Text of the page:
Less visibility from inside, tall rear door height and small rear glass
useless regen, mostly unailable, very weak to no braking action
brakes: grabby & inconsistent, electric driven master cylinder, way too complicated and co$tly repair
Goofy instrument panel display, bars and bubbles
How is the front visibility looking to the sides at a T junction ? I find the front visibility of the Ion pretty poor. The massive braced A-pillars block my view of oncoming traffic when driving on a slight curve, and at a T junction the opposite A pillar almost perfectly obscures any oncoming cars meaning I need to lean right forward to see if the road is clear.
Also despite the large windscreen I find that I can't see the traffic lights in front of me if I'm first in the queue unless I lean and look out the side windows - a bit of a problem in the UK where many junctions do not have "repeater" traffic lights across the junction!
I also find rear visibility in the Ion very poor due to the humongous head rests that make it difficult to see when reversing. In short I find visibility in the Ion actually pretty poor compared to other cars I've owned.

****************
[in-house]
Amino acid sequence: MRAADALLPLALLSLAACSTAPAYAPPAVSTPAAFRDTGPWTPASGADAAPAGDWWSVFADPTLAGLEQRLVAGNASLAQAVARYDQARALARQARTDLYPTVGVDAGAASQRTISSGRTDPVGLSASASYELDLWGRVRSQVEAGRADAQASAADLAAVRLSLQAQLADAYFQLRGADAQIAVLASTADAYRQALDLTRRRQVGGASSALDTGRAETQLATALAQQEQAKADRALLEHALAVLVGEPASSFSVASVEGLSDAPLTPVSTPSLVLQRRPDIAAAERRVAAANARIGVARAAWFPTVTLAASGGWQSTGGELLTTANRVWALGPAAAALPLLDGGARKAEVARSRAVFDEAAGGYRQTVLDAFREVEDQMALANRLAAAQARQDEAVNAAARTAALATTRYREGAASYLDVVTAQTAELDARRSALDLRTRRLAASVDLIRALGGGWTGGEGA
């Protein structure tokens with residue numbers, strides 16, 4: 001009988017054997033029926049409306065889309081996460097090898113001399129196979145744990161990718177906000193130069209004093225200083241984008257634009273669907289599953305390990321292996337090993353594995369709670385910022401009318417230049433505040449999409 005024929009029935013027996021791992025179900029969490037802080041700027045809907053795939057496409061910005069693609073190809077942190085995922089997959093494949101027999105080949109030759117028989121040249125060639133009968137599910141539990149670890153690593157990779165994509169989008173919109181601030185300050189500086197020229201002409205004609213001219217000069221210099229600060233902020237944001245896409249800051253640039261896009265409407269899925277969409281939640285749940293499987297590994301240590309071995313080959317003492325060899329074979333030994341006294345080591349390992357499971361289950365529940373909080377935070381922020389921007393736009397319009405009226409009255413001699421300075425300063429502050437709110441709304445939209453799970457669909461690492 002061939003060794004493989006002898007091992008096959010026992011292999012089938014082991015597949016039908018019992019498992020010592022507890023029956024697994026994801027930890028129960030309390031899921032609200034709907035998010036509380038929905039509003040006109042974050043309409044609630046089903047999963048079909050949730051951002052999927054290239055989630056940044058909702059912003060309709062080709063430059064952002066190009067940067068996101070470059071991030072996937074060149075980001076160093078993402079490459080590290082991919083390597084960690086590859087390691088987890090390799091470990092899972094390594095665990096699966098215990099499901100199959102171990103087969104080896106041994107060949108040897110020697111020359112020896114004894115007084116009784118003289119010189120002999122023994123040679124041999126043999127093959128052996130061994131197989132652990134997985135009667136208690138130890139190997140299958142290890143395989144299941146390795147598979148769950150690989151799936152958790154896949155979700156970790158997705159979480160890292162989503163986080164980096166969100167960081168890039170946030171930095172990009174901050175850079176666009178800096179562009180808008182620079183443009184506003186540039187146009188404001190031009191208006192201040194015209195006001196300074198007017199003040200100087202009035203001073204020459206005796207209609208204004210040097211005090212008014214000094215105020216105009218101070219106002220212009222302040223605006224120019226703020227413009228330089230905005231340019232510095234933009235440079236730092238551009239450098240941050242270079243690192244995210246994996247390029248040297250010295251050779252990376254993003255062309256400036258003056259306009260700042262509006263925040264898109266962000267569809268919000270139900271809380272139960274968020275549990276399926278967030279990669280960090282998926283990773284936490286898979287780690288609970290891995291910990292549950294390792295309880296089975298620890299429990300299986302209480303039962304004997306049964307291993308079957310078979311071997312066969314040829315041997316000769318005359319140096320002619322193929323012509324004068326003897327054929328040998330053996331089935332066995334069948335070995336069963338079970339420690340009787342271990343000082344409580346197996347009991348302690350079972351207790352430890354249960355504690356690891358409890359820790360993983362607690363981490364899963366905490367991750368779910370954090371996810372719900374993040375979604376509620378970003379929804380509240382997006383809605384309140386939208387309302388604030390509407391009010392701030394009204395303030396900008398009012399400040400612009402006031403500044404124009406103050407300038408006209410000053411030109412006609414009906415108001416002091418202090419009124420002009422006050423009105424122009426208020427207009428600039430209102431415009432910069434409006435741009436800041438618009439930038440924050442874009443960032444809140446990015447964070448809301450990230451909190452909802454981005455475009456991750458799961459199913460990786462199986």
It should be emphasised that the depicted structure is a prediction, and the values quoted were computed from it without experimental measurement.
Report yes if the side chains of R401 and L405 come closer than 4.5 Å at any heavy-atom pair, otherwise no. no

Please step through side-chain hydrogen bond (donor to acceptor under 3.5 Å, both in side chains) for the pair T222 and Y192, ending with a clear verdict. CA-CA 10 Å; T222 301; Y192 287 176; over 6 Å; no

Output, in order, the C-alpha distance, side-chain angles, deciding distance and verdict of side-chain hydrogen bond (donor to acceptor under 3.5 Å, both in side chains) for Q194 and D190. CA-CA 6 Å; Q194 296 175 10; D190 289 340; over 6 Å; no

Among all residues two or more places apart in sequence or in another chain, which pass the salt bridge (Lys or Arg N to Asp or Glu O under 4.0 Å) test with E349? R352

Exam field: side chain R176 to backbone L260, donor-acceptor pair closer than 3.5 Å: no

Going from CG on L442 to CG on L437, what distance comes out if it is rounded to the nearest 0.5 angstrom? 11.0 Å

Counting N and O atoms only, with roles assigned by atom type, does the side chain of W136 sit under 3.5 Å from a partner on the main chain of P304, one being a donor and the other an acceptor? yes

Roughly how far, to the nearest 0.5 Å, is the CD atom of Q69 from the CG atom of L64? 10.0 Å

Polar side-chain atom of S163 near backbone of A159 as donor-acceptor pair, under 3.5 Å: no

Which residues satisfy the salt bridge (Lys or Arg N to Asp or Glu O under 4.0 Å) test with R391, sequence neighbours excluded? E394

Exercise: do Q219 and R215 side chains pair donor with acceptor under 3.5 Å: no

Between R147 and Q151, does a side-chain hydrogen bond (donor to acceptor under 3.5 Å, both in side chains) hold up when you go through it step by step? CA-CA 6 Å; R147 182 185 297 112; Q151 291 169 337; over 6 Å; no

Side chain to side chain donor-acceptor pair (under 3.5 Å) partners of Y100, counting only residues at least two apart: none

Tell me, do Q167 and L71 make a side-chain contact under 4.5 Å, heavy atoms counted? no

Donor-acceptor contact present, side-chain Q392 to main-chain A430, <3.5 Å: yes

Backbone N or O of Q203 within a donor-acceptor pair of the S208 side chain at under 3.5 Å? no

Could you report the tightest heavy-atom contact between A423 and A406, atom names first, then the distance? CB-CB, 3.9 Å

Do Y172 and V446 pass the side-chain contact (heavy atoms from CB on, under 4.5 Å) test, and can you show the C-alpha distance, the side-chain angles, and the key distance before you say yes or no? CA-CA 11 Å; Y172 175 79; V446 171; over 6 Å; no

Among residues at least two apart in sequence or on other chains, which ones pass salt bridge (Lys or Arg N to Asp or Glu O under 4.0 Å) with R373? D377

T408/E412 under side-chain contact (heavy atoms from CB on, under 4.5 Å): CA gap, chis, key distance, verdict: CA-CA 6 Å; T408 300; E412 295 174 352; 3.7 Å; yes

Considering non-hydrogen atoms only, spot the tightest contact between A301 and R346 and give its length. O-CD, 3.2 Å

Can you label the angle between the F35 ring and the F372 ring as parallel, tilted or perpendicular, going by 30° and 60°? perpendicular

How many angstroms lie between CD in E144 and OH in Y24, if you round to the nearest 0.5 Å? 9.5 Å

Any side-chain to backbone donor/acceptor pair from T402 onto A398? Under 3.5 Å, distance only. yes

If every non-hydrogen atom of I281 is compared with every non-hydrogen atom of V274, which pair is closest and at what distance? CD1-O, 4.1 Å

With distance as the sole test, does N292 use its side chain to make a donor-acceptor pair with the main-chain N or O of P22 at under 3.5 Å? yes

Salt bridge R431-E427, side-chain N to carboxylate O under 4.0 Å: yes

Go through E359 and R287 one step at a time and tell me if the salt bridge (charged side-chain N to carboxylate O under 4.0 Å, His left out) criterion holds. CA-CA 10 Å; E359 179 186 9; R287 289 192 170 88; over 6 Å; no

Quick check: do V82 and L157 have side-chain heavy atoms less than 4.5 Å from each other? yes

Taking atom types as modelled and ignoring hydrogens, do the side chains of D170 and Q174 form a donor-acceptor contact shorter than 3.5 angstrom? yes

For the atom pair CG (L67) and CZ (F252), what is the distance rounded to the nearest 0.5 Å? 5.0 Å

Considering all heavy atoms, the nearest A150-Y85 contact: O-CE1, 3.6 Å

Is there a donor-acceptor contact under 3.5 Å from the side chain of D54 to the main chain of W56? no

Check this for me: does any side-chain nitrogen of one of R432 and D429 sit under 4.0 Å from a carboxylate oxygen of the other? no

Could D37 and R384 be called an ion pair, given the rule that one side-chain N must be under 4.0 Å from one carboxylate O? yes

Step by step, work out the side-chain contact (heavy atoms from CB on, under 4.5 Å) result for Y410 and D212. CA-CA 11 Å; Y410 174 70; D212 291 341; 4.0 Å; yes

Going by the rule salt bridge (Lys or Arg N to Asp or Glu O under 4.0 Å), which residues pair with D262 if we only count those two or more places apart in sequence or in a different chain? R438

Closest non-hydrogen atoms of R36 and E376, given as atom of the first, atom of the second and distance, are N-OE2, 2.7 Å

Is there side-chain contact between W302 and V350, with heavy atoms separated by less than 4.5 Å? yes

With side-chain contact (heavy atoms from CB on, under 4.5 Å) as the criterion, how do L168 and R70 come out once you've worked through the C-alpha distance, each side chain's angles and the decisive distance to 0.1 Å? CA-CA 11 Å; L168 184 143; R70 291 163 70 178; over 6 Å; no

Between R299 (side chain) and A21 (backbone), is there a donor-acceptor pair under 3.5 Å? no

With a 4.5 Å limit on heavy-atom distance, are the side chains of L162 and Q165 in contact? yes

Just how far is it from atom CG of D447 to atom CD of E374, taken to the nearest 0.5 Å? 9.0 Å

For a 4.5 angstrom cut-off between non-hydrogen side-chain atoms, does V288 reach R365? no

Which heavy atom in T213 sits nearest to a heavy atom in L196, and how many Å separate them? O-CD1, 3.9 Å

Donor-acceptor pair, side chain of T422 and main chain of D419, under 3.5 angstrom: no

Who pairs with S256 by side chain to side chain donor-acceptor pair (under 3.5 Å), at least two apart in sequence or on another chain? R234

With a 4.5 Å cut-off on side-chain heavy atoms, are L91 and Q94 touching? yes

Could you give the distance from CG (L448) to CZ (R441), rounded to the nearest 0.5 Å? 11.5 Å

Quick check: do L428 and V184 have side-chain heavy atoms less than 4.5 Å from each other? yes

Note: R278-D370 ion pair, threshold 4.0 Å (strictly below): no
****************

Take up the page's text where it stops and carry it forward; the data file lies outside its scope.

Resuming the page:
The Regen sounds like you have a fault with the car - of the people I know who have driven both, most people say that the Leaf in B mode has more lift of regen than the Ion - certainly in D mode.
I've heard the brakes are a bit inconsistent and grabby on the Leaf, I guess I'd just have to get used to it, and yes, I'm not a fan of the dashboard design either. However at least it has driving information that is not available in the Ion like consumption figures. Canion is great but it's quite a hassle having a tablet running in the car to get information the car should already be providing me.
Rapid Pack deterioration, seems to be a built-in or programmed decay in 3 month increments.
User forum lacks technical rigor and is obsessed with useless numbers, counting and tracking "gids"
Bulky uglyast headlight housing
2012 models of Leaf have high rates of degradation especially in high temperature climates, (not so much a problem in the UK) and it wasn't until the newer battery chemistry used after around 2013 that they got a handle on this, so I would not buy one of the early 24's with high degradation rate batteries.
I would only be considering a 30kWh model which means 2016 or later and degradation rates in the UK for those have been low so far.
As for programmed in decay of the reported battery capacity - that's normal with all BMU's. On my Ion it originally used to drop the Ah figure by 0.1Ah every month/1000 miles (not sure which as I always do 1000 miles a month) like clockwork. After my battery degraded more and cells started to go bad it started dropping 0.1Ah every week or 250 miles...